F.W. Maitland, the famous legal historian wrote, "Such is the unity of all history that any one who endeavors to tell a piece of it must feel that his first sentence tears a seamless web." (A Prologue to a History of English Law, 14 L. Qtrly Rev. 13 (1898)) Maitland didn't actually say that the "law is a seamless web," but he is usually given credit for the idea that the law forms some kind of "organic unity" or is characterized by strong interconnections. The idea that law is seamless web is ambiguous--the aphorism expresses different ideas on different occasions. This post in the Legal Theory Lexicon series will explicate the seamless web metaphor and its several implications for legal theory.
Thursday, April 29, 2010
Thursday, April 22, 2010
Some of the key conceptual tools deployed by legal theorists are likely to be familiar to most law students from their undergraduate education. One of these is the notion of the "social contract"--familiar from Hobbes, Locke, and Rousseau. But unless you were an undergraduate philosophy major or have some graduate work in philosophy, you may not be as familiar with some of the ideas that have grown out of the social-contract tradition.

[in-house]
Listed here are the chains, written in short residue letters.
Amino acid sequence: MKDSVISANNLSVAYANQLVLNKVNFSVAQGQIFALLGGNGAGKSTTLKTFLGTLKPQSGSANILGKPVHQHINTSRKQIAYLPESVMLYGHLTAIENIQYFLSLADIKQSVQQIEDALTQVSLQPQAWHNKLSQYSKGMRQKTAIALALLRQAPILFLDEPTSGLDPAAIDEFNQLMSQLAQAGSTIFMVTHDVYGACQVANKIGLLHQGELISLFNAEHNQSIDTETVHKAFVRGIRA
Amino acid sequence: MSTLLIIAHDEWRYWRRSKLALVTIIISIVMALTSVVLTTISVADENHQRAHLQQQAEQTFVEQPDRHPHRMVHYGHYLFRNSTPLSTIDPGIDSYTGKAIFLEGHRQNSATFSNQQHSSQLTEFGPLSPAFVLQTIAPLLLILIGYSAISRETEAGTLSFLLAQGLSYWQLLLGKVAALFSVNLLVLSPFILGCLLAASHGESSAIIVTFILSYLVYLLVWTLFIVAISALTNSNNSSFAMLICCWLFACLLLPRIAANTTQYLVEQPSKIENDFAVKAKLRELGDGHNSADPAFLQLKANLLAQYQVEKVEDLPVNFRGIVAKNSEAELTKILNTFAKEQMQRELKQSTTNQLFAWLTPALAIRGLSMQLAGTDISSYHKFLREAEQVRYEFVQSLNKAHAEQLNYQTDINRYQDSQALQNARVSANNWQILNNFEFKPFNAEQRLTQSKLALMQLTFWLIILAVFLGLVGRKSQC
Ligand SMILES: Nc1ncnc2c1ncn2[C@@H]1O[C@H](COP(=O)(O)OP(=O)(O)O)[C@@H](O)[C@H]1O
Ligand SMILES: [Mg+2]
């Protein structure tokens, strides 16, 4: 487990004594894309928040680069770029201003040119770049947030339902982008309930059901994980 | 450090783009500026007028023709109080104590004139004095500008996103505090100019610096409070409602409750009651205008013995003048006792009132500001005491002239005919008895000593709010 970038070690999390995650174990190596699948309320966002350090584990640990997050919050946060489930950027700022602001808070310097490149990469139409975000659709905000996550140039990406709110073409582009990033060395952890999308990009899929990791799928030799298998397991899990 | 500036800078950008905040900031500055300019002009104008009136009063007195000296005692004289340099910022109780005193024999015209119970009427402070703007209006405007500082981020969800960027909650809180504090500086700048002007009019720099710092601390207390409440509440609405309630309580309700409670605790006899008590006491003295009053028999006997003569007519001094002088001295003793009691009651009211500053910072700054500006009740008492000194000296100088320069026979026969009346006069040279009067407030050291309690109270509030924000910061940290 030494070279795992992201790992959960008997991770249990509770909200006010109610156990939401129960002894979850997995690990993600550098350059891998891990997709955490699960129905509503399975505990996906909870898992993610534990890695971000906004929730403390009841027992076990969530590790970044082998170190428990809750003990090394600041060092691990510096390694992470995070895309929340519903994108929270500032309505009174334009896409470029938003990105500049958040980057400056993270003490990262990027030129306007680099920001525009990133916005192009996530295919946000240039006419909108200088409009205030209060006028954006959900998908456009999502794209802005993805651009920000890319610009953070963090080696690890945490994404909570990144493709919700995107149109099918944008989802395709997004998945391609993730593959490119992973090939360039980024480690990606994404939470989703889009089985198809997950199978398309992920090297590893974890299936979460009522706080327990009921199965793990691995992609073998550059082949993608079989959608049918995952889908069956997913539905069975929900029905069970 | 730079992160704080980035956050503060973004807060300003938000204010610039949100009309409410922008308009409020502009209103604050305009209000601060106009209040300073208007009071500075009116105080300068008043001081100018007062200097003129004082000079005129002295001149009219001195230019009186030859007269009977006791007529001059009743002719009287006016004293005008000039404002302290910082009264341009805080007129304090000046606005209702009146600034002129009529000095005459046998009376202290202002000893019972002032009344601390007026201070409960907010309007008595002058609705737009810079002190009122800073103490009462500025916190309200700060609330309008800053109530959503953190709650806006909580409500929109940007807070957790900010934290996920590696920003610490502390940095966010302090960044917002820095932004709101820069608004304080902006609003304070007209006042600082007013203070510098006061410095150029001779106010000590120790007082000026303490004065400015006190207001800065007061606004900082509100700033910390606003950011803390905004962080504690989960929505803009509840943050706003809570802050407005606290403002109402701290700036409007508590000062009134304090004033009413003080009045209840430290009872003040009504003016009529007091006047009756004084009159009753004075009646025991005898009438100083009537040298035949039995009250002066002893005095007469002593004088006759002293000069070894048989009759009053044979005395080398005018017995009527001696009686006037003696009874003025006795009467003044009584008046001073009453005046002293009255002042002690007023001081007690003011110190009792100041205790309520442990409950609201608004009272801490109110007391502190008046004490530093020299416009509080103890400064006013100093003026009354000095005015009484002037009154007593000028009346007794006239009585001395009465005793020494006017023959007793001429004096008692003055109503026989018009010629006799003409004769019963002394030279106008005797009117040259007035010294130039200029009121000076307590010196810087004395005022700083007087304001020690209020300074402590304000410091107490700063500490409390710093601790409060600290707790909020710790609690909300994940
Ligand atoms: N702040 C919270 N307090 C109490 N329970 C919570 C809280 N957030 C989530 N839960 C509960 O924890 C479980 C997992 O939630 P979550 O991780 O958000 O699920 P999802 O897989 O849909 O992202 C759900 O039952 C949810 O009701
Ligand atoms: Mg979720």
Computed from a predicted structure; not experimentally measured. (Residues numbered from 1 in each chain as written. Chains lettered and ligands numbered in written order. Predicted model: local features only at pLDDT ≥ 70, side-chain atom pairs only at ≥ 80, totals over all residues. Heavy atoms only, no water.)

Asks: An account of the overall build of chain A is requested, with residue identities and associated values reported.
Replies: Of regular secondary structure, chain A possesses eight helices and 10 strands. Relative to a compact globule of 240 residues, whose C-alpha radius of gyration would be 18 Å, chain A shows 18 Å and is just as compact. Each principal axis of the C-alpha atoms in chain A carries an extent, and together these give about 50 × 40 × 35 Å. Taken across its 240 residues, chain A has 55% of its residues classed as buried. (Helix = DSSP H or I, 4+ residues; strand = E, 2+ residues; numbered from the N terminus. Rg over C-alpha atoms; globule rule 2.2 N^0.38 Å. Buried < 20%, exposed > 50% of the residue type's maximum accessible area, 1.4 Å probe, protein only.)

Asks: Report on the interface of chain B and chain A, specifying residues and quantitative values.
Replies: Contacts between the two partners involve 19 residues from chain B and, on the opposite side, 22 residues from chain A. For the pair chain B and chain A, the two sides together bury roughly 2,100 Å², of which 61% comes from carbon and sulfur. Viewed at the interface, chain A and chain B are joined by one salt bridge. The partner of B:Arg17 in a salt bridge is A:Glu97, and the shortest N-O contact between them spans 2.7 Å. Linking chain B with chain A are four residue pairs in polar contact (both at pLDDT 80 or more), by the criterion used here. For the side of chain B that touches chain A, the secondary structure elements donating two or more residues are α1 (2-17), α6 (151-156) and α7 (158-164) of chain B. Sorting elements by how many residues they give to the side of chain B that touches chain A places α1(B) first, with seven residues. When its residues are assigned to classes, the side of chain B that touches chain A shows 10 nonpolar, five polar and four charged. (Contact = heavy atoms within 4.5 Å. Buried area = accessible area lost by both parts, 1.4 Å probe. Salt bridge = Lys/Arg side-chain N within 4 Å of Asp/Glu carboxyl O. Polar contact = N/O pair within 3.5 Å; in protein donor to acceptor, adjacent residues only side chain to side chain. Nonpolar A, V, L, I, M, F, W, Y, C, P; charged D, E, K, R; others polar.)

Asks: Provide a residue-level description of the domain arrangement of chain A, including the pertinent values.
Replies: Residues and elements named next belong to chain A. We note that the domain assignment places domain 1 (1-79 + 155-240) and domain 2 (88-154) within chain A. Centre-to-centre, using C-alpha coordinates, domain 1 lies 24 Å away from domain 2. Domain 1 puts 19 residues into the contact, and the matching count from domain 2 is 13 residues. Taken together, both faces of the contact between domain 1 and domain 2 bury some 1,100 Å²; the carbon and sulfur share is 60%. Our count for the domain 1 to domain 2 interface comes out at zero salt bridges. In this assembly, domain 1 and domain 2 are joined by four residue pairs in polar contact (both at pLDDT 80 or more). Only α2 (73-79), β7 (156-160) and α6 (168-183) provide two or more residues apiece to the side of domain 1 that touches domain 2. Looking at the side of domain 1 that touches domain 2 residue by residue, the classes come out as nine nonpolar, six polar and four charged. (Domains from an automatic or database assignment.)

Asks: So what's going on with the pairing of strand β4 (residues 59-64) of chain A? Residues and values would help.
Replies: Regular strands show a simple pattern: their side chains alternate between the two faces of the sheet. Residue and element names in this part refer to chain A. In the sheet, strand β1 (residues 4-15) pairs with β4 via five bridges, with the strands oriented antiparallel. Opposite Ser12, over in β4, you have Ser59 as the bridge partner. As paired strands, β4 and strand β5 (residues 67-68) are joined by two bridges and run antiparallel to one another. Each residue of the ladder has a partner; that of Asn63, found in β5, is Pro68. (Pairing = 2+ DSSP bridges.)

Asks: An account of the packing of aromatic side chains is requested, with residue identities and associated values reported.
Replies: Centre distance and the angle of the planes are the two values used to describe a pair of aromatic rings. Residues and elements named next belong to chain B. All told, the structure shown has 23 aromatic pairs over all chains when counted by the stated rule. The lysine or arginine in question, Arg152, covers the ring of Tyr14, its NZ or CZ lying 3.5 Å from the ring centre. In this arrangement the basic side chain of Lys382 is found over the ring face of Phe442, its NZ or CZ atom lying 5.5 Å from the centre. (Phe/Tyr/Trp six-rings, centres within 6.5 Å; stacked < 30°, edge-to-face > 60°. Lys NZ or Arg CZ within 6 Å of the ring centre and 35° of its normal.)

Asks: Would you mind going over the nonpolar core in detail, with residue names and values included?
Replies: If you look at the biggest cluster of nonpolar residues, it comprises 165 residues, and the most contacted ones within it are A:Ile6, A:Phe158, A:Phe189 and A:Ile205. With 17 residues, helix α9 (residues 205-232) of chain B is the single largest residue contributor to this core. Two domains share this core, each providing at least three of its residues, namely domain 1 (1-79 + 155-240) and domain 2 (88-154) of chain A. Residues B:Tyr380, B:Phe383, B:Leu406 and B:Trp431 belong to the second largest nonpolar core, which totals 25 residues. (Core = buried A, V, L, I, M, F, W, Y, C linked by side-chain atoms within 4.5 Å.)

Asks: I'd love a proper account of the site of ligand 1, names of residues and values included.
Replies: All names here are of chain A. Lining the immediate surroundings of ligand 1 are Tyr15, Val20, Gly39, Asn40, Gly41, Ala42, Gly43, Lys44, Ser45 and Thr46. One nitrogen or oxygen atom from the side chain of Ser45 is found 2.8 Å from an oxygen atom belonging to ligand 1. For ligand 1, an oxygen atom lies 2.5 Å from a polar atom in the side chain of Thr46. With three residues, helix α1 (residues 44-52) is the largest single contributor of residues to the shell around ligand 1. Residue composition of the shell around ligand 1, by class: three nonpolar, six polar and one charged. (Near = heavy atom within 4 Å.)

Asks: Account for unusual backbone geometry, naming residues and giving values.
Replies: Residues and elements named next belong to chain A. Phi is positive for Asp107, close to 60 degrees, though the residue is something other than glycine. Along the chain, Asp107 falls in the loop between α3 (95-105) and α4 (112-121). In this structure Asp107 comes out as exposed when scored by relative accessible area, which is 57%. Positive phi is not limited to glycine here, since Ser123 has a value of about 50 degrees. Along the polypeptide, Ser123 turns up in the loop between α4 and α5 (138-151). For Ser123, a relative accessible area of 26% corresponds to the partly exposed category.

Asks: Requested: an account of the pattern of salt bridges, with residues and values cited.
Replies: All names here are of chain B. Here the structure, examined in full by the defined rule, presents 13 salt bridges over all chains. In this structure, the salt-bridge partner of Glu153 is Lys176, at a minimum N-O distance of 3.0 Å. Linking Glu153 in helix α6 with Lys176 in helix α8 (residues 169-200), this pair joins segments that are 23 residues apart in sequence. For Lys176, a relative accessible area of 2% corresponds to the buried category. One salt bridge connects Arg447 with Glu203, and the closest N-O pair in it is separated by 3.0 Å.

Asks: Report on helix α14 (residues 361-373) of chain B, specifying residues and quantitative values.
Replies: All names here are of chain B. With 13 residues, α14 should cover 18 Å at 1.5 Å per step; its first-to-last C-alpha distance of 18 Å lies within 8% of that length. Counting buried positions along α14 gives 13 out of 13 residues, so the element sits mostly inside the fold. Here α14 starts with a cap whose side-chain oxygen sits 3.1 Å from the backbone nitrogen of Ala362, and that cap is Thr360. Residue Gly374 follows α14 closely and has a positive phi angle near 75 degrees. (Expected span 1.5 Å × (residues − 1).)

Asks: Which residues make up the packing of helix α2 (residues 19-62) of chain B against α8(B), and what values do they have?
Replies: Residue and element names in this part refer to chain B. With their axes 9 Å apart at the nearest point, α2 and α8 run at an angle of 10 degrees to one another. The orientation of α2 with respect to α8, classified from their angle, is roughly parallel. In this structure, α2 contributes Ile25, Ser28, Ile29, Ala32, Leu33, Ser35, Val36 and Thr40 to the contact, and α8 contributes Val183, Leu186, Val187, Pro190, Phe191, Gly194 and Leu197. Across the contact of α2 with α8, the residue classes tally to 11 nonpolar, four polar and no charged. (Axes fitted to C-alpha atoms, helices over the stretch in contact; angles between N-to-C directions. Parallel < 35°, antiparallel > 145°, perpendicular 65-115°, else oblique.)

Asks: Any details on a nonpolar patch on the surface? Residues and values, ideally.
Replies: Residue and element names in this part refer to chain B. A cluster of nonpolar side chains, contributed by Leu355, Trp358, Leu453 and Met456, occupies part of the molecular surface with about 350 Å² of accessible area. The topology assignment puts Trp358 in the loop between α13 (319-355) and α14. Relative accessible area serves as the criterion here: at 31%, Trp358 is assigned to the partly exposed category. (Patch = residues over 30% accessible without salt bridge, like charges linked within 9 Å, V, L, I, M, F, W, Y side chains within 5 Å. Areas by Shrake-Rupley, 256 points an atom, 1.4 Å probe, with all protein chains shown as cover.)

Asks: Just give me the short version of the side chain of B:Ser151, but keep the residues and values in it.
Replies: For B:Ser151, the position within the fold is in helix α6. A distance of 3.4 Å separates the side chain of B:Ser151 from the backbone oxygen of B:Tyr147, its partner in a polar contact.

A steadily mounting body of social science research suggests that ascertaining a person's conscious motives for an action may not always provide a complete explanation of why he did it. The phenomenon of unconscious bias presents a worrisome impediment to the achievement of fair equality in the workplace. There have been numerous deeply insightful articles discussing various aspects of this problem and canvassing its implications for antidiscrimination law.